The 19th KAATSU Symposium was held yesterday, Sunday, December 3rd. This meeting is held in Japan, and the last few years it’s been done virtually. Since it’s in Japan and held in Japanese, it’s not typically been available to non-Japanese KAATSU users. Since I speak enough Japanese to be dangerous, I inquired about attending. I had missed the registration deadline, but was grateful to be admitted to the event.
The event opened with an address by Dr. Nakajima, the lead cardiologist that has been investigating KAATSU for the past couple of decades. His opening remarks were followed by a short welcome by Dr. Sato, the inventor of KAATSU. Dr. Sato introduced Steven Munatones, CEO of KAATSU Global, who gave a presentation on new products (the recently-released KAATSU B2 and the forthcoming KAATSU C4). In addition, Steven talked about how KAATSU is being used for rehabilitation and recovery, sharing some powerful stories showing how KAATSU can contribute to dramatically improved outcomes.
One area of KAATSU that I had heard about but haven’t seen much about is how it can be used for animals. I’ve heard of KAATSU being used on dogs and horses. Steven shared the story of Rama, a dog with a leg injury whose owner started using KAATSU on him. A video shows Rama’s progress over a week or so using KAATSU and the improvement was significant.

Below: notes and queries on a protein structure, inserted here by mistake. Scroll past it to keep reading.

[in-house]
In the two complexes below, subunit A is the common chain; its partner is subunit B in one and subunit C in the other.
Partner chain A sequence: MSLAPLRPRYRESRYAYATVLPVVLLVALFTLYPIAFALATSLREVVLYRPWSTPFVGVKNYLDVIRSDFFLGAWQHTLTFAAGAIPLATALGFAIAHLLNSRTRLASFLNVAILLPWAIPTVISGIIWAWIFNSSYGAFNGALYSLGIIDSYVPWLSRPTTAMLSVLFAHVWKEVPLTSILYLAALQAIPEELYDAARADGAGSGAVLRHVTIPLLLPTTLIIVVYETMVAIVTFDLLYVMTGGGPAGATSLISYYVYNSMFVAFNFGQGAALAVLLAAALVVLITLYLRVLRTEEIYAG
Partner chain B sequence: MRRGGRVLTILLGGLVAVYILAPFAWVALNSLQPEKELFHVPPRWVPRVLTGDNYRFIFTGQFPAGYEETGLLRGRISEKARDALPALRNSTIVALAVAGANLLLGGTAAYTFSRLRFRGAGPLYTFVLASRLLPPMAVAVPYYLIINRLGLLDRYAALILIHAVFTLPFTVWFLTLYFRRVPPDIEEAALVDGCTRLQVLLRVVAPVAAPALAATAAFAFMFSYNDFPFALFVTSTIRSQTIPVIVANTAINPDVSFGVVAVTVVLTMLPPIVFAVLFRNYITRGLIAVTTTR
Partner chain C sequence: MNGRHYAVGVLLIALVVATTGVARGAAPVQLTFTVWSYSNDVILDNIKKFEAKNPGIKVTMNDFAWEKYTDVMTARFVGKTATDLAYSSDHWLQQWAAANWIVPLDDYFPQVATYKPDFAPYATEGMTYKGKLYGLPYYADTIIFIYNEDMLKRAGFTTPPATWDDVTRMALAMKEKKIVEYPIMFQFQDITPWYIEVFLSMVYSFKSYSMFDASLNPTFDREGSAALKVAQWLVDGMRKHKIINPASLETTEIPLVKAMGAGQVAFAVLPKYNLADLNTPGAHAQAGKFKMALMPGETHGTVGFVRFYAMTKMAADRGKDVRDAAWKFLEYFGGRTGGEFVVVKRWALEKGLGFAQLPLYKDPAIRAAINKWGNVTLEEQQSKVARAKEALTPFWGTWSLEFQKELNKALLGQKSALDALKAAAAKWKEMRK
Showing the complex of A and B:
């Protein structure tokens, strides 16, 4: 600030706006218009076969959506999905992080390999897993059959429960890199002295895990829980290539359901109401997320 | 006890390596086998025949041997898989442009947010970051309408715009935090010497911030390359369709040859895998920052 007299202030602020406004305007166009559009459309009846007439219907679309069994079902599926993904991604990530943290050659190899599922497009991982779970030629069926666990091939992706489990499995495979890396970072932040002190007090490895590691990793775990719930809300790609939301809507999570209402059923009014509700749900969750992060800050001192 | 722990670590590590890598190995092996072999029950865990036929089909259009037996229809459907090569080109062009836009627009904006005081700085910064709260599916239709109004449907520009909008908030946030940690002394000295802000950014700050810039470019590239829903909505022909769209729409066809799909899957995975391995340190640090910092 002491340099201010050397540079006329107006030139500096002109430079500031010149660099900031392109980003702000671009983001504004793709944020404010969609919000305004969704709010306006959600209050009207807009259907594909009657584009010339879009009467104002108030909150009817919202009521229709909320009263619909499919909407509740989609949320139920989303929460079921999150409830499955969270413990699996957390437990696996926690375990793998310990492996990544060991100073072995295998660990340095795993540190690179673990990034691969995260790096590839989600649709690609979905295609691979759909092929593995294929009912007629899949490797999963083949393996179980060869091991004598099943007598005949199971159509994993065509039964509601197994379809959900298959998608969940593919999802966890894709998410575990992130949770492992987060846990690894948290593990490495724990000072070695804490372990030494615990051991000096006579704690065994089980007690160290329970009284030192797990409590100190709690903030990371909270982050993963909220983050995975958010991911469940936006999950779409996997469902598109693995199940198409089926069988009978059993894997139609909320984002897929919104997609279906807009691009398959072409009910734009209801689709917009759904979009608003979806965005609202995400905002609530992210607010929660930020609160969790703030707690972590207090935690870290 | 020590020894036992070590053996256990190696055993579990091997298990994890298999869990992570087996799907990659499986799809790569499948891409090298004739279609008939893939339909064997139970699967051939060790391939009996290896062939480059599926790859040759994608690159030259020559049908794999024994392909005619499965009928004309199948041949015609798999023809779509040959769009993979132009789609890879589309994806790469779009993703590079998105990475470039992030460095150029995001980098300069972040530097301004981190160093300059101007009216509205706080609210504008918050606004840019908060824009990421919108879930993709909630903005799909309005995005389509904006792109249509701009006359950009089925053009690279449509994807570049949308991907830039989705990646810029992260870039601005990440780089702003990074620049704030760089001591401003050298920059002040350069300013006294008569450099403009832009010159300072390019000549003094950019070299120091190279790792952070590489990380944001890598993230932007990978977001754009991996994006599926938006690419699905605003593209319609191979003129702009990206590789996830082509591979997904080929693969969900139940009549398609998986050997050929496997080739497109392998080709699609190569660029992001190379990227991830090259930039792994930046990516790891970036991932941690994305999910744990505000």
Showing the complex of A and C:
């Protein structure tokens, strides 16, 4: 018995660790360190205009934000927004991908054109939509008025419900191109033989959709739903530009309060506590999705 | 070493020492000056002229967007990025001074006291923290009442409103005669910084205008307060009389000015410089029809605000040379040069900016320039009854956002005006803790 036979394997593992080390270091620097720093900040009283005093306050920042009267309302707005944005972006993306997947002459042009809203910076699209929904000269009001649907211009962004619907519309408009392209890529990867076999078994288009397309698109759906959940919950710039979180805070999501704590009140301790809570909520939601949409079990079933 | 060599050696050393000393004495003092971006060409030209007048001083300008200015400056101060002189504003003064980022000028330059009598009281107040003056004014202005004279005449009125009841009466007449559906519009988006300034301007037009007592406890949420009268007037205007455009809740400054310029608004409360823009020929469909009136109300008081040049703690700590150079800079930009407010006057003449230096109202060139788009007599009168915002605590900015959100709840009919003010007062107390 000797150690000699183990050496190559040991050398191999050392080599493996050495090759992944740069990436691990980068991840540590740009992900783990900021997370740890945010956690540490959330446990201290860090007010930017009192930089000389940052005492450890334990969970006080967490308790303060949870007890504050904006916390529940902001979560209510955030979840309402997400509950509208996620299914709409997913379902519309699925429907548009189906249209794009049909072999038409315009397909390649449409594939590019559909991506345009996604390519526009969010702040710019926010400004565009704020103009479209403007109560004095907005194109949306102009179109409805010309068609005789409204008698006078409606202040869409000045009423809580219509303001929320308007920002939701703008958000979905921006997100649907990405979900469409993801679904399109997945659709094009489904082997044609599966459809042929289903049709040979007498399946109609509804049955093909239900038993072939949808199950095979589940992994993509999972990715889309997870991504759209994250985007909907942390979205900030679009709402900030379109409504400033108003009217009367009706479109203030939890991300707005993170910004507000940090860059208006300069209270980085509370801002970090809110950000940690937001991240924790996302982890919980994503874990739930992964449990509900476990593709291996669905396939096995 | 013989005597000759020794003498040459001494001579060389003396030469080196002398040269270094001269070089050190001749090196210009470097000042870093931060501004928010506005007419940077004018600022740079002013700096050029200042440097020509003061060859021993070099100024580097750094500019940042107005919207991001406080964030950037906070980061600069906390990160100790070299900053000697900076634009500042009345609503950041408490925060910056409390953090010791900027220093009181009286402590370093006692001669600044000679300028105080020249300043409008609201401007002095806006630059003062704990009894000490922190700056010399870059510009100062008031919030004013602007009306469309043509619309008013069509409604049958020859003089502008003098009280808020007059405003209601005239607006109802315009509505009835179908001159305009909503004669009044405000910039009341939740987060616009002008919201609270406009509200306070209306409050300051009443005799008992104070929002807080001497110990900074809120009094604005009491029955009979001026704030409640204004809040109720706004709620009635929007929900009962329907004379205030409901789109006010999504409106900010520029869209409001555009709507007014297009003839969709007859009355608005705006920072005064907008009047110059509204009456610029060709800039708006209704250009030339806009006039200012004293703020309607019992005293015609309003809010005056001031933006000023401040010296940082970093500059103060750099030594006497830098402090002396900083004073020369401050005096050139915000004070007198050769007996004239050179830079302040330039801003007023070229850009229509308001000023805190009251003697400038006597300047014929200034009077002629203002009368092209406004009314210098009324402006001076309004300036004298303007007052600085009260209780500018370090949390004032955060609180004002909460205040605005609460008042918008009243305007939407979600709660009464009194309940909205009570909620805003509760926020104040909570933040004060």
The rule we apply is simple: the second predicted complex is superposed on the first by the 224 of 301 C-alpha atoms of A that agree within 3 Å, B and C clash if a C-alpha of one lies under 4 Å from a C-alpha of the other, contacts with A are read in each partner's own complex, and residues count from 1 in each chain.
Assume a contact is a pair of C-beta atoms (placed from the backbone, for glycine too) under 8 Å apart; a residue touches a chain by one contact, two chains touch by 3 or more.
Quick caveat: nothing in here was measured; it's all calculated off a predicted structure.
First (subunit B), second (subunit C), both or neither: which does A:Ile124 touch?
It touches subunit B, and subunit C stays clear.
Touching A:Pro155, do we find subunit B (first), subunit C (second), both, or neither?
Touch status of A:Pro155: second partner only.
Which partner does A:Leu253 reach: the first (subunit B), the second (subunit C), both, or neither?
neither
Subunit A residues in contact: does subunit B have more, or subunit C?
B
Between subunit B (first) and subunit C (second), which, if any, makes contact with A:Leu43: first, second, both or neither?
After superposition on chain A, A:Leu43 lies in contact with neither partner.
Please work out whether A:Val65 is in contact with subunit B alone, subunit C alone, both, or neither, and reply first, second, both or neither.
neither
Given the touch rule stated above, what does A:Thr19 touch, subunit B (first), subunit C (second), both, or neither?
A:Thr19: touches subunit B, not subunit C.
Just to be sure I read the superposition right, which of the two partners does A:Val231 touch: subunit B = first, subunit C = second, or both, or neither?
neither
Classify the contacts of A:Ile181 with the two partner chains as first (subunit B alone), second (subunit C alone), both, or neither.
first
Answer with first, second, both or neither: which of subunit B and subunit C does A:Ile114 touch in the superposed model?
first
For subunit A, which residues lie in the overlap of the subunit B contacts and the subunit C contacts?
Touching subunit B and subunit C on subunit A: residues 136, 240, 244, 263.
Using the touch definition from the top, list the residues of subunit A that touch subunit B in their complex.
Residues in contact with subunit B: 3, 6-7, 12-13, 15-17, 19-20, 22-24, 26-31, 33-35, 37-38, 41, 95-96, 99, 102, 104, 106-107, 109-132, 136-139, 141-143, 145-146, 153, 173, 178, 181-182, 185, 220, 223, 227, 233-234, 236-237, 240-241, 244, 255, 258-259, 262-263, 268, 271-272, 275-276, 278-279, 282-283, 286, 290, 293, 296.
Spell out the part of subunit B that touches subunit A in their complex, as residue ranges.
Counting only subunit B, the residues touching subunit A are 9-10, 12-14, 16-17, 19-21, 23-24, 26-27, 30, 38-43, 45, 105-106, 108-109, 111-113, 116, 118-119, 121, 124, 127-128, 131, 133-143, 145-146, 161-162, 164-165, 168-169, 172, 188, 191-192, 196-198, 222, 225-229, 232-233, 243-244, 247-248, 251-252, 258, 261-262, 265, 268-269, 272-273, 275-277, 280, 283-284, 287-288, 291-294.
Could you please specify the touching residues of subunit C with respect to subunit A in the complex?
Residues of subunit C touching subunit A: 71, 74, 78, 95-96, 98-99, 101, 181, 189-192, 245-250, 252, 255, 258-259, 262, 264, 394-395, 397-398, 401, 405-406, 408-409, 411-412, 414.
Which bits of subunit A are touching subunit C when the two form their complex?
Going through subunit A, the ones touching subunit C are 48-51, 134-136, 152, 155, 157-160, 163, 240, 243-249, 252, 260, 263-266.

The most fun for me was listening to the discussion between Steven and Dr. Sato about the new KAATSU devices, as well as talking about some of the specific athletic and non-athletic rehabilitation cases that are ongoing. The rest of the presentations were mostly in Japanese that was beyond my vocabulary. However, the final presentation of the symposium was from a Japanese concert pianist who talked about how she incorporates the KAATSU C3 into her daily practice and how its use has benefitted her playing in a variety of ways. As a dormant pianist myself, I was very intrigued by her presentation.
Next year will be the 20th KAATSU Symposium. From what I experienced this year, I am definitely planning to attend. While a good chunk of it was beyond my language comprehension abilities, it was really good to get a better idea of how KAATSU is being used in Japan and around the world. The more I talk to people about KAATSU, the more I realize just how cutting-edge it is. It’s very exciting and I look forward to sharing more good news about KAATSU!